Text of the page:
I remember reading our previous review on Pang’s Hakka Noodles as part of planning for my visit to his new outlet in Sprout Hub. It’s been more than a year since then, but it definitely primed me for what to expect—top-tier quality comfort food, nothing less.
Fans of Chef Pang’s Hakka noodles would’ve missed paying the occasional visit to his previous store at Xin Tekka Food Hall. Fear not, for his new location still boasts the familiar plethora of comforting Hakka fare beloved by many.
What I tried
You can’t really go wrong with the basics, so if you want to go for a safe option that’ll keep you full and happy, the Signature Hakka Noodles (S$7) will be your best bet.
Springy, chewy noodles are always the way to go, and Pang’s Hakka Noodles hit the nail on the head perfectly. Tossed with Chef Pang’s homemade minced pork sauce and topped with spring onions and lard. Not only does the crispy lard provide a crunchy textural contrast to the noodles, but it lends a savoury smokiness that meshed together seamlessly. These noodles are made to last, which means that they’ll retain a robust flavour and chewy texture without becoming sticky even if you opt to tapau your meal.
Of course, the Signature Hakka Noodles won’t be complete without Chef Pang’s Stuffed Tofu Soup (S$4 a la carte). It falls on the lighter side, which goes well with the hefty portion of noodles. Patrons can expect perennial yong tau foo ingredients such as bitter gourd, tofu, and vegetables.
And if you’re as big an eater as our producer Solomon, the Signature Hakka Noodles with Wings Set (S$8.80) will be an ideal option the next time you visit Pang’s Hakka Noodles. Who said you can’t indulge in a cheat day along with comfort food? The set comes with two pieces of fried chicken wings, which is marinated in fermented red bean curd for a touch of acidity that sets it apart from the fried chicken you can find in chain restaurants. It’s double fried to achieve that impeccable crrrunch that’s music to the ears of any fried chicken fan.
Chef Pang’s pride and joy is the Hakka Noodles with Scholar Soup (S$5.50). Chef Pang cites Scholar Soup as an ancient Qing Dynasty dish made by Hakka mothers for their children taking the imperial exams, in the hopes that they would clinch the top prizes after eating the soup’s ‘luxury ingredients’.
The version offered by Pang’s Hakka Noodles comes chock-full with quality ingredients—think sliced pork, pork liver, minced pork, fish ball, prawn sticks, and fish paste.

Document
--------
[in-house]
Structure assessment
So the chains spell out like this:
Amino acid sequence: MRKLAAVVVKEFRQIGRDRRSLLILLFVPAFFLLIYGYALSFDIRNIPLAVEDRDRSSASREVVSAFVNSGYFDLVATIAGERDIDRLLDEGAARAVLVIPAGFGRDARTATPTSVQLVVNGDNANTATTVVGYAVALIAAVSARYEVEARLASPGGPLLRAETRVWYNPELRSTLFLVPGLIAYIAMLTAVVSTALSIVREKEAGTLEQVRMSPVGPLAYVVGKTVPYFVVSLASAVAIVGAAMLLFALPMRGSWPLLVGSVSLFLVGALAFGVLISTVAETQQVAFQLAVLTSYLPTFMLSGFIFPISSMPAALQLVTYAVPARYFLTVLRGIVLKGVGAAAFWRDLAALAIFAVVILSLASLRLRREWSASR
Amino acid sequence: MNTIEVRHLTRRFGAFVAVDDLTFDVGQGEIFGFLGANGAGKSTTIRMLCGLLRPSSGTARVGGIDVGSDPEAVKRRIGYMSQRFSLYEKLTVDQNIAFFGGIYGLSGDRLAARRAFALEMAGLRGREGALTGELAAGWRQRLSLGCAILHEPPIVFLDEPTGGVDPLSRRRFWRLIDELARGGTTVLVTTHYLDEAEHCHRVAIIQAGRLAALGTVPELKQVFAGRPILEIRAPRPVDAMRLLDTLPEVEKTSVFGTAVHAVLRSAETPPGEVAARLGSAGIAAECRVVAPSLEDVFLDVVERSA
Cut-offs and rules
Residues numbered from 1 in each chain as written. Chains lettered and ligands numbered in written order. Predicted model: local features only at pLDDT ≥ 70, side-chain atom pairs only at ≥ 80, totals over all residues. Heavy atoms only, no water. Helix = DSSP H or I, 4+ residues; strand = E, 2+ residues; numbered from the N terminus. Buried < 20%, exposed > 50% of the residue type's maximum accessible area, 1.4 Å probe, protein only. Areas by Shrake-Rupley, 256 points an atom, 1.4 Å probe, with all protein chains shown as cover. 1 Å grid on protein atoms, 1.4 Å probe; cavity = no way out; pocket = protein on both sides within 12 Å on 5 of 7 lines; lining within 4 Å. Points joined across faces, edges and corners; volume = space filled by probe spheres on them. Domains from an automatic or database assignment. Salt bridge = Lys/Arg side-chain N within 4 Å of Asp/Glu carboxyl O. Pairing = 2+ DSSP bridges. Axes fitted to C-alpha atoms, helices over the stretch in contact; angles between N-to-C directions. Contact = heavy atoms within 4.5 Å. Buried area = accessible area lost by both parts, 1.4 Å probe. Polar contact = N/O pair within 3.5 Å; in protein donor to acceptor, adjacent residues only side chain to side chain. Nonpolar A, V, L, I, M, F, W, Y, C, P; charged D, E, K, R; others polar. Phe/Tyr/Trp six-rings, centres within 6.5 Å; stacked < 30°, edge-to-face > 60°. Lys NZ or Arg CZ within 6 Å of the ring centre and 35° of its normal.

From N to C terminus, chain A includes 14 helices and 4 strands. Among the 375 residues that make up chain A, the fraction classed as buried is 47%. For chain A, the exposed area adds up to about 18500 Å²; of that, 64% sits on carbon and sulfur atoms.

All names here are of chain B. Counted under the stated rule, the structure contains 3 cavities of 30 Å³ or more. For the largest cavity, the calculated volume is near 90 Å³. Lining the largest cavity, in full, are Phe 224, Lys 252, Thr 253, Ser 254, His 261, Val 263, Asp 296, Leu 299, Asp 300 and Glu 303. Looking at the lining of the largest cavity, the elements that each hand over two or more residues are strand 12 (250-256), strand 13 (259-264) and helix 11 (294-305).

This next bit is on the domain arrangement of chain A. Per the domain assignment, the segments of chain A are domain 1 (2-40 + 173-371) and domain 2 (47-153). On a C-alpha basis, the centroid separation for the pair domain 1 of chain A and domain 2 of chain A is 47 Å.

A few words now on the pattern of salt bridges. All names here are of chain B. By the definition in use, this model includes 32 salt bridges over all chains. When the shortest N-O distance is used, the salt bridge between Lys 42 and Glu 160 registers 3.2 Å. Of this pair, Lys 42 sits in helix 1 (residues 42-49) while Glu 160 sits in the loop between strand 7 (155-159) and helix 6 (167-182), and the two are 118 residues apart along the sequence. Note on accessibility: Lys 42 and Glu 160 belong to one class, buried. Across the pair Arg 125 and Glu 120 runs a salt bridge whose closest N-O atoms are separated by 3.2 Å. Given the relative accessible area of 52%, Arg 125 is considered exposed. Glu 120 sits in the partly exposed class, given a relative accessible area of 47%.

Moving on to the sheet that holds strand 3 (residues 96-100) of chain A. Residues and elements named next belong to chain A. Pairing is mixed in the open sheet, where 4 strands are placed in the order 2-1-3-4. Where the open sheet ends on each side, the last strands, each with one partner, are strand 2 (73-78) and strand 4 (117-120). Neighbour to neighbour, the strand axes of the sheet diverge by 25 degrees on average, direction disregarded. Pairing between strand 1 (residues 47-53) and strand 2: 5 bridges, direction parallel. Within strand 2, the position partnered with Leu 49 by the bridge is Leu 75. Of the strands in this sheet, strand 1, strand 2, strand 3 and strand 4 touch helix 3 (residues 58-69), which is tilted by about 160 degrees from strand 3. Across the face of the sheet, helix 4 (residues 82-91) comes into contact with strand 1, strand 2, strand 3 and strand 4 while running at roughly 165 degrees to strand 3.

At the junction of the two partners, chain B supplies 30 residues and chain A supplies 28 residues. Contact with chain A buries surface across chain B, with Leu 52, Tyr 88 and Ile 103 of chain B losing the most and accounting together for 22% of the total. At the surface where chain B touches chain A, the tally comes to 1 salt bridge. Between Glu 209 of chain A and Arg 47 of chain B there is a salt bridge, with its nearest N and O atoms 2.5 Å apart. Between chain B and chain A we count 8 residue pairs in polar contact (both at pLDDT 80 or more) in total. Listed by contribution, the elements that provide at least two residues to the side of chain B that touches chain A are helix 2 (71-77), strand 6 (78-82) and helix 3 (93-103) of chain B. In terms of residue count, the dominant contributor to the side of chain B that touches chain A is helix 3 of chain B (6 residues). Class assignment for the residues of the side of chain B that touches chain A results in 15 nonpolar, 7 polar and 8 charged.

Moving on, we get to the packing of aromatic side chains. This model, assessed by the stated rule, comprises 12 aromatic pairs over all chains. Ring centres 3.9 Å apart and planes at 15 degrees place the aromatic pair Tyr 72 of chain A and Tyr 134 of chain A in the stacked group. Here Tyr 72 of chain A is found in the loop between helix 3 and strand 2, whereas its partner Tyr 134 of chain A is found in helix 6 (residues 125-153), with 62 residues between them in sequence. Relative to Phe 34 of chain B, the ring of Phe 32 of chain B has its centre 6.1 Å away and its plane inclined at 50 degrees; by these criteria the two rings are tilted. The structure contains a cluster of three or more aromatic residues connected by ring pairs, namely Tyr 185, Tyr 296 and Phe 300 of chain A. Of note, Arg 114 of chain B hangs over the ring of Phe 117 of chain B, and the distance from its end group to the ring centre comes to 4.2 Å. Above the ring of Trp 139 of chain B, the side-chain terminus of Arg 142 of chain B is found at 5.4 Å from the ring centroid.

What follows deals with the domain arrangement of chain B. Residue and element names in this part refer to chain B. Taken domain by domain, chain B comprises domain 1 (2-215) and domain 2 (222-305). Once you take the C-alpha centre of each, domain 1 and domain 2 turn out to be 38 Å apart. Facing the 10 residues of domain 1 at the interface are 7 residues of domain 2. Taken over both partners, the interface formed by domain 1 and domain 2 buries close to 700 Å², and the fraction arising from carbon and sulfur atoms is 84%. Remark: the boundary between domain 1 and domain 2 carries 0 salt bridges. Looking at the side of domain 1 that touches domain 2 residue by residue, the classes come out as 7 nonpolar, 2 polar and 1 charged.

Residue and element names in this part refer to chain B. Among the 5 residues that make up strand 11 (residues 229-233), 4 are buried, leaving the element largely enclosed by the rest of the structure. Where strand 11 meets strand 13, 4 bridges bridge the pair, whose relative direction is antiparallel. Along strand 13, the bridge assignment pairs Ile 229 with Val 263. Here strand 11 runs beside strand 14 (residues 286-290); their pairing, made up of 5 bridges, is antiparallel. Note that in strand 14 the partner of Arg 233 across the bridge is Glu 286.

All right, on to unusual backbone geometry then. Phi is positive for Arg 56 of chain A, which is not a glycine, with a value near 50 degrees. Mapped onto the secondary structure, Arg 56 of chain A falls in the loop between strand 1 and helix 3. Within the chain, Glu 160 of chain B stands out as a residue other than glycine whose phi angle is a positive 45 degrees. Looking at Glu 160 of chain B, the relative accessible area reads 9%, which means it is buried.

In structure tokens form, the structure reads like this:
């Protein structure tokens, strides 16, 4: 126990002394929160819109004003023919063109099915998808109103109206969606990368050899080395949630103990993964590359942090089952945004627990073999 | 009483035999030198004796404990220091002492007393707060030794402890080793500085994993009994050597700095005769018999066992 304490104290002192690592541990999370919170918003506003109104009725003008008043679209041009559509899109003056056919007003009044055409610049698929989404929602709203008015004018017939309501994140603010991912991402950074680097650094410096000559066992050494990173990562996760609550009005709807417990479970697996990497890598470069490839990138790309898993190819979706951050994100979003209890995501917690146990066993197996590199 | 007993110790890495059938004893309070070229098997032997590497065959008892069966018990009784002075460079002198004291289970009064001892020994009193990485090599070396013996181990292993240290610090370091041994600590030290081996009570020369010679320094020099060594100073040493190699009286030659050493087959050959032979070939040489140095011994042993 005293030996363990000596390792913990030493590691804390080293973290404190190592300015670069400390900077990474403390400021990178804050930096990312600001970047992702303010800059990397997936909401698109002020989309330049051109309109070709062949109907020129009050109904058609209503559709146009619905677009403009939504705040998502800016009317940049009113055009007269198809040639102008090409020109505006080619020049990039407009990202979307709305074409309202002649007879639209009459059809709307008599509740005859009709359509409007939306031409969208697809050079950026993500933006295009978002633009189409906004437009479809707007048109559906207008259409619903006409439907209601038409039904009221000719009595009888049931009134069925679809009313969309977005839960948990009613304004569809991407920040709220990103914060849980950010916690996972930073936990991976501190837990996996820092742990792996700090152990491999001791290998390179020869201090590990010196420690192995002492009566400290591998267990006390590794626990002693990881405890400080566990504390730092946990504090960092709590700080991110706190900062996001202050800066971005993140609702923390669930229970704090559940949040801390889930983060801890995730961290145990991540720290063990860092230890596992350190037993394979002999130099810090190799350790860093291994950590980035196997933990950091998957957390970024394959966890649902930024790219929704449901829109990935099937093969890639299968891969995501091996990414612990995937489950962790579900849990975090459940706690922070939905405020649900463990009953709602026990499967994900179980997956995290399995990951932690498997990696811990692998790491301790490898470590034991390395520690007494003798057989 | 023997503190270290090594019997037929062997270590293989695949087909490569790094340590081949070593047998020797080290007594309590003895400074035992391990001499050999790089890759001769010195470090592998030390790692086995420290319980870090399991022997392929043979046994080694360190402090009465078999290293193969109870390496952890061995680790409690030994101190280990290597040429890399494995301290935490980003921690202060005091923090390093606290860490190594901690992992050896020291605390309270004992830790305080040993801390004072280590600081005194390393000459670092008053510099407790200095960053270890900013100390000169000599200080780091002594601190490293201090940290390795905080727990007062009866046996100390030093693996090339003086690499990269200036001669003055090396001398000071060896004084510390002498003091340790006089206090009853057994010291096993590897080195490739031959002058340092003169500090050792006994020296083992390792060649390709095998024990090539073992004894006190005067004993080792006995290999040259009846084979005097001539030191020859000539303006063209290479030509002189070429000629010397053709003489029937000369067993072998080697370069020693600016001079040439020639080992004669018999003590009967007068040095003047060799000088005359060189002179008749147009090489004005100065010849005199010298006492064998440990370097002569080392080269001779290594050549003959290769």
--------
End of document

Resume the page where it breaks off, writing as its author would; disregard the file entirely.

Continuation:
The three cuts of pork symbolise the top three places in the imperial exam and is not widely available in Singapore. Chef Pang’s Scholar Soup would give you the best bang for your buck—there’s no shortage in terms of quality, portion, and variety.
Most of us associate soups with our favourite comfort foods, and if you’re part of that club, opt for the Hakka Red Wine Chicken Noodle Soup with Egg (S$8). Just like his Scholar Soup, this boasts of a solid variety of ingredients in a fragrant red wine chicken broth.
The chicken’s flavour was boosted by the combination of the three types of wine, and its tenderness is commendable. The portions at Pang’s Hakka Noodles are hefty, featuring a mix of tofu, black fungus, tau kwa, chicken, and topped with chopped scallions. The hard-boiled egg gives the soup extra sustenance, though my only gripe is that the layer of oil above the soup was slightly off-putting.
Go all out by adding Chef Pang’s Hakka Fried Balls (S$5) to your order. Deep-fried to golden-brown perfection, these pork balls are chewy, savoury, and flavourful. It’s the type of dish you’ll devour within minutes and wonder why you didn’t order a second portion—and that’s exactly what I did.
Whether or not you’re a fan of soup noodles, Pang’s Hakka Noodles has you covered with its heaping portions and flavourful dishes. It’s undeniable that you’ll get the best bang for your buck whilst scratching your itch for comfort food, giving you a satisfying taste of authentic Hakka fare.
Expected damage: S$5.50 – S$8.80 per pax
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